As with all assets, farmland value is derived from the income it generates as well as by the discount rate (opportunity cost of capital) and growth rate assumptions. First, and not surprisingly, current farm income is healthy. Commodity prices are high and cash contribution margins (roughly, profit/revenues) are elevated, increasing farm income and boosting current (and potential) cash rents – what an absentee landowner earns by renting the land for productive use. The discount rate is very low, with ten-year Treasury bonds, the ‘risk-free’(?) benchmark rate), at just 3.4%. I discuss the growth rate assumption more below.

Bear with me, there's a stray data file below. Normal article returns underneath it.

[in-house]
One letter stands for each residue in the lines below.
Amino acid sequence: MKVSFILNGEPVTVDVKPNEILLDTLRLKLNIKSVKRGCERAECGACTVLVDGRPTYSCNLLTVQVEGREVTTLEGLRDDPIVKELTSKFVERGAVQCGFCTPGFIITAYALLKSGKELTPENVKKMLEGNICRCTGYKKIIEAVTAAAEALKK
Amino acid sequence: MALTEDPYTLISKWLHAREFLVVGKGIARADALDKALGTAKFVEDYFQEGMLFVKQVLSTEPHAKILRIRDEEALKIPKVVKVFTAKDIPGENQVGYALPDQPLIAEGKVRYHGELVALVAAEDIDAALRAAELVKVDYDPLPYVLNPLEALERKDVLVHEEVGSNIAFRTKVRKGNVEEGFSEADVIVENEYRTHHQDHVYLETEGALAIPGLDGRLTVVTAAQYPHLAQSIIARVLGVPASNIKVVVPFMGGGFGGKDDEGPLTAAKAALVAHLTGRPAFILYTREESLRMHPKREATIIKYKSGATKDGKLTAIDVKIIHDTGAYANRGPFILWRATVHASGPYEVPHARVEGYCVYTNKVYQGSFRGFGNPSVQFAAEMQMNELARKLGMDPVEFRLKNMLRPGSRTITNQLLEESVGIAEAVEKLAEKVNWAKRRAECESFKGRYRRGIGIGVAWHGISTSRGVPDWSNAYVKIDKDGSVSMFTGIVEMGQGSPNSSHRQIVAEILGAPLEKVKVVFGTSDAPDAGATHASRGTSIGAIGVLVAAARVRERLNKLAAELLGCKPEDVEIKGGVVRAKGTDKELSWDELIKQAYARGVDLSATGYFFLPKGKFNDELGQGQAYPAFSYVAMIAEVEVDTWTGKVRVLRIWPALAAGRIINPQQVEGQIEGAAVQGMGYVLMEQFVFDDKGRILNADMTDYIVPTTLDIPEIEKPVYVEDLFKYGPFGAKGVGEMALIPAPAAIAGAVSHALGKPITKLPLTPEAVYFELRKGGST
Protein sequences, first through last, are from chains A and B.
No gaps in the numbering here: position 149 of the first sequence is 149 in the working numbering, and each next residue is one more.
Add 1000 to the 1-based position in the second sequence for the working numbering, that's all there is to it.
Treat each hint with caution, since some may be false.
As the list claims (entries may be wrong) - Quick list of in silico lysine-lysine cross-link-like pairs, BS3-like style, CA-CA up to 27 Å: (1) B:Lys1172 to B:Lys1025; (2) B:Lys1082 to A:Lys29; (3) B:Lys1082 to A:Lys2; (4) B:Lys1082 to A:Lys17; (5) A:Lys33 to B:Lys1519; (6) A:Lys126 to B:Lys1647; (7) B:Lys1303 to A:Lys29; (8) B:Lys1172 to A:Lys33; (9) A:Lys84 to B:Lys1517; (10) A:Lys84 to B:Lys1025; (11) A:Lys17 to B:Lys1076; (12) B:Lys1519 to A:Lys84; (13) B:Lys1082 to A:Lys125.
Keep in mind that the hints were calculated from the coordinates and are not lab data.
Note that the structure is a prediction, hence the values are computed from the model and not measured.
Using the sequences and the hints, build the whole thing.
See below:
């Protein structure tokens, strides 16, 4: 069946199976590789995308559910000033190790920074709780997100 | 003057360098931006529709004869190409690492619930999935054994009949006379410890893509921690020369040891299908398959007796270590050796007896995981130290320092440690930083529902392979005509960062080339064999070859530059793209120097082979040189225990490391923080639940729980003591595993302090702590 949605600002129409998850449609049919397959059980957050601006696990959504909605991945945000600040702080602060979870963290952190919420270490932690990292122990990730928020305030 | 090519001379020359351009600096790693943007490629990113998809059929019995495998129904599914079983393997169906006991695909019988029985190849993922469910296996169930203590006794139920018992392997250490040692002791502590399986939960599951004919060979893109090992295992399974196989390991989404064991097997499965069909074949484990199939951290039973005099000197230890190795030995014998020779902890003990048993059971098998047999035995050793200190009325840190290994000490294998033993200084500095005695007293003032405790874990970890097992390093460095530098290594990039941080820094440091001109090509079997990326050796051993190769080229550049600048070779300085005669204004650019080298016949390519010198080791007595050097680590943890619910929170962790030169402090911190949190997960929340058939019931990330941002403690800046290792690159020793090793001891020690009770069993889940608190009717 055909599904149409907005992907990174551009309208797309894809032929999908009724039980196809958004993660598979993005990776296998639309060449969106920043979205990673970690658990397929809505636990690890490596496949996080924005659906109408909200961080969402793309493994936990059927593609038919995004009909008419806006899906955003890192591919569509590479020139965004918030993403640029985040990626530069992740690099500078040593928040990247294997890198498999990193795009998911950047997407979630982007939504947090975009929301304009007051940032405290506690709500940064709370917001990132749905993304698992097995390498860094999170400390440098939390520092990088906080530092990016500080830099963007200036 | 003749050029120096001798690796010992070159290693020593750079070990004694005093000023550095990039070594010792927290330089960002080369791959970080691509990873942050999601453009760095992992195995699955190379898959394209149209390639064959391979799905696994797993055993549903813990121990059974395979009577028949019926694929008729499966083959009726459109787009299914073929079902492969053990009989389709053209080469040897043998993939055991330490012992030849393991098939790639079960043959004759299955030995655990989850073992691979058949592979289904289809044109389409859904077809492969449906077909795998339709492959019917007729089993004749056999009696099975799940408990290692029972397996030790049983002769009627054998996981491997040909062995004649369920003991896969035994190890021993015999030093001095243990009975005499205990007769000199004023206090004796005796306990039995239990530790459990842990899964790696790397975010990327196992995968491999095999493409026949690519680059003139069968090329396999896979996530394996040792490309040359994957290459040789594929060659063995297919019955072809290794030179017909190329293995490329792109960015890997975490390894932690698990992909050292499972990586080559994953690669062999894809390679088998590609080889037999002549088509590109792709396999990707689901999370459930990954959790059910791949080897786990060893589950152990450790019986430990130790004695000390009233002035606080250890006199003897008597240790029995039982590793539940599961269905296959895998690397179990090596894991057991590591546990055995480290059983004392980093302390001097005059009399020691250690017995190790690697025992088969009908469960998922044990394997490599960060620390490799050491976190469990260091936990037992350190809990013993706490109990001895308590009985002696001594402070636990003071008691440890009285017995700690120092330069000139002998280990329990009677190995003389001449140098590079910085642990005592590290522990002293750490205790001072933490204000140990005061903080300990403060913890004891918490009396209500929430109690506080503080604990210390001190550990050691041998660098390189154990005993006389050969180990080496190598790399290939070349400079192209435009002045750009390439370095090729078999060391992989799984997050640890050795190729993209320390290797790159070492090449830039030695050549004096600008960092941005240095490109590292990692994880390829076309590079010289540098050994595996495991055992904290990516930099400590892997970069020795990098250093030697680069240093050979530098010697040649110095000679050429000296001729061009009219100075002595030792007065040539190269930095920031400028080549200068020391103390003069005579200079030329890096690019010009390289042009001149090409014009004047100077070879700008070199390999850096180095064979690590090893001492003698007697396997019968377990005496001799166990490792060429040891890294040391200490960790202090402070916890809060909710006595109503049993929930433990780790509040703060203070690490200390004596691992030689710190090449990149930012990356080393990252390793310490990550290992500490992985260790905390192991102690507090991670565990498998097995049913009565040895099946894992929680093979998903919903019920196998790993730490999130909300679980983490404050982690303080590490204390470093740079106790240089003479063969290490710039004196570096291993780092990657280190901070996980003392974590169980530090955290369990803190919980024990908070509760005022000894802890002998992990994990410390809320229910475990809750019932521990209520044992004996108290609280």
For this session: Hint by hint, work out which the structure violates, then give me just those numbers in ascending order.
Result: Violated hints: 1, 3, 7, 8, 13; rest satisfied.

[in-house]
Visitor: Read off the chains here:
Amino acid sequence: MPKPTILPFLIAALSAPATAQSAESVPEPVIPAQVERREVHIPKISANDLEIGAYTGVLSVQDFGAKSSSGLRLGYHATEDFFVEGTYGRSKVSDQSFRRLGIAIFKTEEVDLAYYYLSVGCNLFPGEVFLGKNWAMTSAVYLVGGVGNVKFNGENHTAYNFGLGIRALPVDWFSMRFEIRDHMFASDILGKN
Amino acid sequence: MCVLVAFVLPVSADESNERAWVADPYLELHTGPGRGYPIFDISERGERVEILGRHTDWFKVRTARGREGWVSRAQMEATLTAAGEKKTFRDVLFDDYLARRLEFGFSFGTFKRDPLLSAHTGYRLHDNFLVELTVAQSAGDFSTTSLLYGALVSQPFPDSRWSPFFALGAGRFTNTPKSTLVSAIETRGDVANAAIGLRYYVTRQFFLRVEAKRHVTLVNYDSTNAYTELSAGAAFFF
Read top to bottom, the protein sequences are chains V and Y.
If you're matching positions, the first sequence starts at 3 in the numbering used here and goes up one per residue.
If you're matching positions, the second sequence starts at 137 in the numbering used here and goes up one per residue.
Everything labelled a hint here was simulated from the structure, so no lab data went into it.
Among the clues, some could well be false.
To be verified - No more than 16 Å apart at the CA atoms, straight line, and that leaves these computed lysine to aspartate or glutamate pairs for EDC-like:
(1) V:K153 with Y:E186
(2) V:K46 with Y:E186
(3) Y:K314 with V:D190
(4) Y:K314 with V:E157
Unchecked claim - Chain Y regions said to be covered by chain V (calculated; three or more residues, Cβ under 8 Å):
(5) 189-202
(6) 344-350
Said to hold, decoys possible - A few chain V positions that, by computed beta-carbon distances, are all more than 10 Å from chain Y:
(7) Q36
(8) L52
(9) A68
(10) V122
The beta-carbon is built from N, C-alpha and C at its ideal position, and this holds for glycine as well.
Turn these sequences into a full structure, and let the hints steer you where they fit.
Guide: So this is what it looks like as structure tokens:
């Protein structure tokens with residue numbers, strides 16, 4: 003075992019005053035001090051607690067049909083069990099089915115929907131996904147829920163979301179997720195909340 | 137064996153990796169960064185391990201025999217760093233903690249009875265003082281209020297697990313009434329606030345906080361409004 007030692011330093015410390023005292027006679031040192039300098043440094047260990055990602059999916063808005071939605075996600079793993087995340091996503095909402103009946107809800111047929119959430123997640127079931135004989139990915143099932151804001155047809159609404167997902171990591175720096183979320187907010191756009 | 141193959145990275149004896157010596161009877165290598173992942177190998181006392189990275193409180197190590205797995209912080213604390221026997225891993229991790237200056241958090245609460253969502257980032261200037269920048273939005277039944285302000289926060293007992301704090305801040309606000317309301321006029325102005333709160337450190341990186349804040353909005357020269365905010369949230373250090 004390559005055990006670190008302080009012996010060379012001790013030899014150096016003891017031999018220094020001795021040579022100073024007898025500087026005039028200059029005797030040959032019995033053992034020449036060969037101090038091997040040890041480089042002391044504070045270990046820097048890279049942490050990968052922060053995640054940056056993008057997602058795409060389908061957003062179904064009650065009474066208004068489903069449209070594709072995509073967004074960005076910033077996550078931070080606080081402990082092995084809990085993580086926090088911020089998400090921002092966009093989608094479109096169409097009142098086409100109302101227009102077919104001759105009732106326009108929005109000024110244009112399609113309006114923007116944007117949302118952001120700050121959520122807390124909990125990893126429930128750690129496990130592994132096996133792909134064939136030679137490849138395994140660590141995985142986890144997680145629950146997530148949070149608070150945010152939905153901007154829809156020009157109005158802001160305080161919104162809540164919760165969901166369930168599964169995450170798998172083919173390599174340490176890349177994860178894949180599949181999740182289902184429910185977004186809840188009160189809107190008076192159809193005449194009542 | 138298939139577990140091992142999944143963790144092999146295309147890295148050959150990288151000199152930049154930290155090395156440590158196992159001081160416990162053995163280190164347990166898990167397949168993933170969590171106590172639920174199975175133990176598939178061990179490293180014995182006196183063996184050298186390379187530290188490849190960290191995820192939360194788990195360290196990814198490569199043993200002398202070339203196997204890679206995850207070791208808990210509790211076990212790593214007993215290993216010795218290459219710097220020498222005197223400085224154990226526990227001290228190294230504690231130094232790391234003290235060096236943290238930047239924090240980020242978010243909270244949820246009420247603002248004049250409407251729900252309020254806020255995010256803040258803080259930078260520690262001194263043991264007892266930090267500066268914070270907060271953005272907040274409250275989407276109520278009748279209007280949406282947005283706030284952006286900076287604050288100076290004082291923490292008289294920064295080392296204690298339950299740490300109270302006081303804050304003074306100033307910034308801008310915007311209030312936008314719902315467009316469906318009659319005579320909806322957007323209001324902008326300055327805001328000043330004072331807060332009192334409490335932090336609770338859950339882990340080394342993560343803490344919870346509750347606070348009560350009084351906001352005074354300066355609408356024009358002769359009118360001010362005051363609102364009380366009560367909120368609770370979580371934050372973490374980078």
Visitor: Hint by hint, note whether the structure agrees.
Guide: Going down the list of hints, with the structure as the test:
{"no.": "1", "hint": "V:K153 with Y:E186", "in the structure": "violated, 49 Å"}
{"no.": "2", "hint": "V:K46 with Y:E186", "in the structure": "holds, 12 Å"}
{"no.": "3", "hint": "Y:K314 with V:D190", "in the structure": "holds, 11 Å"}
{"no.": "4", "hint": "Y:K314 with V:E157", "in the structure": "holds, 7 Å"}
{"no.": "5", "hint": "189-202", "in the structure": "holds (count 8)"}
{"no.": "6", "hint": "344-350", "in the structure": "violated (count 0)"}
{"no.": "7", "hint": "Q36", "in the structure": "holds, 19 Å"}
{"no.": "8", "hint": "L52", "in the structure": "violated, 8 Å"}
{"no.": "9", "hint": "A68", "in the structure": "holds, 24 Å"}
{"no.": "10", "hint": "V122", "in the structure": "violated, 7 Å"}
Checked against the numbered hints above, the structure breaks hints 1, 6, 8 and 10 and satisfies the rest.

I’ve used price-earnings ratios in past posts, mostly for stocks. They are valid, though, for a variety of assets. Today, stocks trade around 18 times trailing twelve-month earnings. Using the inverse of their interest rate, ten-year Treasuries trade at 29 times ‘earnings’ while farmland is 27 times. The latter two are pretty high numbers. Now, which has shown historically higher growth? The growth rate for corporate (stocks’) earnings tend to track nominal GDP, or about 6%. Bonds don’t grow in value, the yield is mostly fixed as is the payoff at maturity. Farmland, which has lower earnings volatility than stocks and, like them, a (theoretically) infinite life, has tended to grow with the general rise in inflation plus another 2% for productivity improvements (same land, more crop). On a price-earnings ratios alone, it looks like stocks are the best relative deal. Still, cash remains attractive given the below-average projected returns on several asset classes. Cash has the advantage of what I call the “opportunity yield” – the ability to take advantage of cheaper prices when investors revise their return requirements higher.